Prevent Carbon Monoxide Poisoning

Carbon monoxide detectors save lives. Every year, over 400 people die and 50,000 are treated for carbon monoxide poisoning.

The most common symptoms of carbon monoxide poisoning are often described as “flu-like” – headache, dizziness, weakness, upset stomach, vomiting, chest pain and confusion. Check out our carbon monoxide fact page.

The CDC offers these additional tips:

  • Have your furnace, water heater and any other gas or coal-burning appliances serviced by a qualified technician every year
  • Do not use portable flameless chemical heaters indoors
  • Have your chimney checked and cleaned every year, and make sure your fireplace damper is open before lighting a fire and well after the fire is extinguished
  • Never use a gas oven for heating your home
  • Never use a generator inside your home, basement or garage or less than 20 feet from any window, door or vent; fatal levels of carbon monoxide can be produced in just minutes, even if doors and windows are open
  • Never run a car in a garage that is attached to a house, even with the garage door open; always open the door to a detached garage to let in fresh air when you run a car inside

The U.S. Fire Administration has put together materials on the dangers of carbon monoxide, including a list of carbon monoxide poisoning symptoms.

Symptom severity varies depending on the level of carbon monoxide and duration of exposure. Mild symptoms sometimes are mistaken for flu.

Low to moderate carbon monoxide poisoning is characterized by:

  • Headache
  • Fatigue
  • Shortness of breath
  • Nausea
  • Dizziness

High-level carbon monoxide poisoning results in:

  • Mental confusion
  • Vomiting
  • Loss of muscular coordination
  • Loss of consciousness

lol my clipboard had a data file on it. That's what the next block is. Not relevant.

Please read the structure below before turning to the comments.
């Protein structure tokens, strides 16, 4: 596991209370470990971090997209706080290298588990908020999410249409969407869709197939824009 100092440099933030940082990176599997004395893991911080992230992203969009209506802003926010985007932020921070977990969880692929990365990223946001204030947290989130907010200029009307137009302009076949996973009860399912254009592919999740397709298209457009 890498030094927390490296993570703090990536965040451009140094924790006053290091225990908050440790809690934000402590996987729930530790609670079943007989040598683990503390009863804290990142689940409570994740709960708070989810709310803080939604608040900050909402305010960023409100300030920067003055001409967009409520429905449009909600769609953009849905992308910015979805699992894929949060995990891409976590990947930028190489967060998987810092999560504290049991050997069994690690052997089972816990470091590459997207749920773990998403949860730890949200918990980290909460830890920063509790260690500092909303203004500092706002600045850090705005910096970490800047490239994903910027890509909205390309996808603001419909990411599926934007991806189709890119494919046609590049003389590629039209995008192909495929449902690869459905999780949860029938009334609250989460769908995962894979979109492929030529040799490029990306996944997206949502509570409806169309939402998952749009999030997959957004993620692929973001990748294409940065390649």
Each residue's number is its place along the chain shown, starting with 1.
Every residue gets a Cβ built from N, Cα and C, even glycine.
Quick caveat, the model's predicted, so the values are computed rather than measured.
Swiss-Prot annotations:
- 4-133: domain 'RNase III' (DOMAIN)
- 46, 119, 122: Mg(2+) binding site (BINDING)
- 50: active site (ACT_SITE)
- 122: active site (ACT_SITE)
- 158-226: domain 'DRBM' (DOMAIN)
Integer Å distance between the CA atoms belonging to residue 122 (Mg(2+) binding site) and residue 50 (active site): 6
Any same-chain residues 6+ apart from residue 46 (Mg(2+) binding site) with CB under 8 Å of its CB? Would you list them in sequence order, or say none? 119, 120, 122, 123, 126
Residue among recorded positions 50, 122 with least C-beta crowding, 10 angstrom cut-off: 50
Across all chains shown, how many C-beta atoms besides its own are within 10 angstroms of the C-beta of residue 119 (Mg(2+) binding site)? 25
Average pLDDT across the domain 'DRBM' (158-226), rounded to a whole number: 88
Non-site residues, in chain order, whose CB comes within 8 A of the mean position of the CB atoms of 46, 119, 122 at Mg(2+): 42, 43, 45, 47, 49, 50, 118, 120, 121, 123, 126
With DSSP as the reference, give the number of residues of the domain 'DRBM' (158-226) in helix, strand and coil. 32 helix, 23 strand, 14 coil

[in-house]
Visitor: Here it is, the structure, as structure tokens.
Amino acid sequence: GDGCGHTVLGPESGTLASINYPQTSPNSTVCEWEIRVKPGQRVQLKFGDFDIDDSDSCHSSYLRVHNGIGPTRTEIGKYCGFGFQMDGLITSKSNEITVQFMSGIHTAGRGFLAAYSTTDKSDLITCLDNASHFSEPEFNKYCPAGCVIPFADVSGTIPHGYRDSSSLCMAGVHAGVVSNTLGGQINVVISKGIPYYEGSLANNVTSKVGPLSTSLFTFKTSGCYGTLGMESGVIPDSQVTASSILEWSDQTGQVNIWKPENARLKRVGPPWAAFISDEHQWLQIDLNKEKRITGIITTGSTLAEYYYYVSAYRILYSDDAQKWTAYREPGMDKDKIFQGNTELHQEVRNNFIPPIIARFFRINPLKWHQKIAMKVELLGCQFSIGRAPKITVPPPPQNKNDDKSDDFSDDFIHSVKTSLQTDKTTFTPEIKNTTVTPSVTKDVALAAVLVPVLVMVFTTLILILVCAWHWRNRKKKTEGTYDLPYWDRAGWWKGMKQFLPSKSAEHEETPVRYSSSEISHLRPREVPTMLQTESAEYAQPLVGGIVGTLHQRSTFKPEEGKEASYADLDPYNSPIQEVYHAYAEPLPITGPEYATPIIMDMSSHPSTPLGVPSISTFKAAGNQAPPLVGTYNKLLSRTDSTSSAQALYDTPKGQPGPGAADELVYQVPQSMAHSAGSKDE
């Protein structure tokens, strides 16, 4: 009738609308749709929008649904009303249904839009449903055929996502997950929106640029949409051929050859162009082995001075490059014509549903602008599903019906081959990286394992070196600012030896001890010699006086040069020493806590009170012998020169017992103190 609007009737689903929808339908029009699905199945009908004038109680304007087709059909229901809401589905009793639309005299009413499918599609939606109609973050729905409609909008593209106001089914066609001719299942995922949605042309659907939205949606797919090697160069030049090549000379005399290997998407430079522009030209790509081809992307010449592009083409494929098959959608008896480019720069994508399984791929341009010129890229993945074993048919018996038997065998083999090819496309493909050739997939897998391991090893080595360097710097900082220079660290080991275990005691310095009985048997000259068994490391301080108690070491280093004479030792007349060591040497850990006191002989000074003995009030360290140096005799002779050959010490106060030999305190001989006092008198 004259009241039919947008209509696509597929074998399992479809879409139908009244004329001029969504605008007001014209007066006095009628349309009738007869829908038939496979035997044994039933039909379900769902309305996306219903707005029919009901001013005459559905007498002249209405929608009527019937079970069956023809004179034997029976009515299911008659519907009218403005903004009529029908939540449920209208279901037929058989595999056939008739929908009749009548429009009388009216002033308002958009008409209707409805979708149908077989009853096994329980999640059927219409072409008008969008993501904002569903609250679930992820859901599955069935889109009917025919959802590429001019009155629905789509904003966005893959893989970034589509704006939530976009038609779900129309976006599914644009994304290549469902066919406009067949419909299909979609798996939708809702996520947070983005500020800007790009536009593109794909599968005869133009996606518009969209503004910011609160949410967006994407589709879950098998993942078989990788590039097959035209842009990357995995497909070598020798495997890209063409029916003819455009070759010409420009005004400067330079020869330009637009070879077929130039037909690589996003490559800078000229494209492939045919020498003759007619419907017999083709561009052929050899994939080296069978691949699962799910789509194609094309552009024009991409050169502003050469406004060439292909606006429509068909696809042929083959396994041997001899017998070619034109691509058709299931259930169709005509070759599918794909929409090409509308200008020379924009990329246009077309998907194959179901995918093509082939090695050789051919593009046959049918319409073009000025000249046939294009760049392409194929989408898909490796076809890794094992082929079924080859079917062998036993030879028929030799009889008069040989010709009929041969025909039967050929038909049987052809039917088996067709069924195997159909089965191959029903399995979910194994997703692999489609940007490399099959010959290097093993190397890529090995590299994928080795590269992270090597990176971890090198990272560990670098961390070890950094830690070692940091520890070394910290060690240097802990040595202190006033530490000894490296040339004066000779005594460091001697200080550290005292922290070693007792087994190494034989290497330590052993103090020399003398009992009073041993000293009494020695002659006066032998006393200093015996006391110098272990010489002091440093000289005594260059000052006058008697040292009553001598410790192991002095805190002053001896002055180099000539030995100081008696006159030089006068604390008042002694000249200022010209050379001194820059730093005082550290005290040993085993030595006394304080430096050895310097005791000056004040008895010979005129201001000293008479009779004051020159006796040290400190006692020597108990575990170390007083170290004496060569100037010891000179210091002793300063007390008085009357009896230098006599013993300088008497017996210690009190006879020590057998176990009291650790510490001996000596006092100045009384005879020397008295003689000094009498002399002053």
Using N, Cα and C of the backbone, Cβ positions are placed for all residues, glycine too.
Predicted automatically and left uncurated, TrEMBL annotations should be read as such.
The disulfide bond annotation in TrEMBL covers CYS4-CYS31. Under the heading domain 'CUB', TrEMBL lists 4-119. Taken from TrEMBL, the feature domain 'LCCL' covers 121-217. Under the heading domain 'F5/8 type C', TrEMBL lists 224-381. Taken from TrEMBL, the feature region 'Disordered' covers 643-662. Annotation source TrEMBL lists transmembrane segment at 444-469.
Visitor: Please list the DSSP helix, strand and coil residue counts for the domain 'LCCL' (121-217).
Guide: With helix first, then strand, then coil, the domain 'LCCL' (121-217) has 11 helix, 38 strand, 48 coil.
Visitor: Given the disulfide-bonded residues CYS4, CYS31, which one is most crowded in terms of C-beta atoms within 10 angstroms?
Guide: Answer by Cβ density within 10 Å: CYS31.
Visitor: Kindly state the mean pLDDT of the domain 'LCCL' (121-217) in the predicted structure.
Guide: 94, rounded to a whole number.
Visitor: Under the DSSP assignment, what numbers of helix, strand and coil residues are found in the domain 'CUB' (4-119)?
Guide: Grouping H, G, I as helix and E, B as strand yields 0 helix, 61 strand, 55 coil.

• Death

If you think you are experiencing any of the symptoms of carbon monoxide poisoning, go outside and get fresh air immediately. You could lose consciousness and die if you stay in the home.

Drive Safely in the Snow

Driving in the winter means changes in the way you drive. Snow, sleet and ice can lead to hazardous road conditions. Prepare your vehicle for the upcoming winter season with these helpful tips.

Avoid Shoveling, Snowblowing Injuries

Shoveling snow or using a snowblower are among winter’s most grueling activities. High levels of activity in cold temperatures put many people at risk of heart attack, especially those that have inactive lifestyles.

Treat Frostbite Immediately

Use first aid to help someone who may have hypothermia or frostbite. Online and classroom courses are available at workplaces and other organizations through NSC. Download the NSC first aid app and you will be ready to give first aid for frostbite, hypothermia and many other emergencies.

Avoid Injuries While Enjoying the Winter Weather

Whether you are skiingsnowboardingsledding or skating, take safety precautions like learning basic skills and using the appropriate gear for the sport.

Know the Numbers

Need more facts and stats? See the Injury Facts page on Weather-Related Deaths and Injuries.

Other resources:

Be Prepared to Stay Safe and Healthy in Winter

Carbon Monoxide Poisoning website.

winter safety tips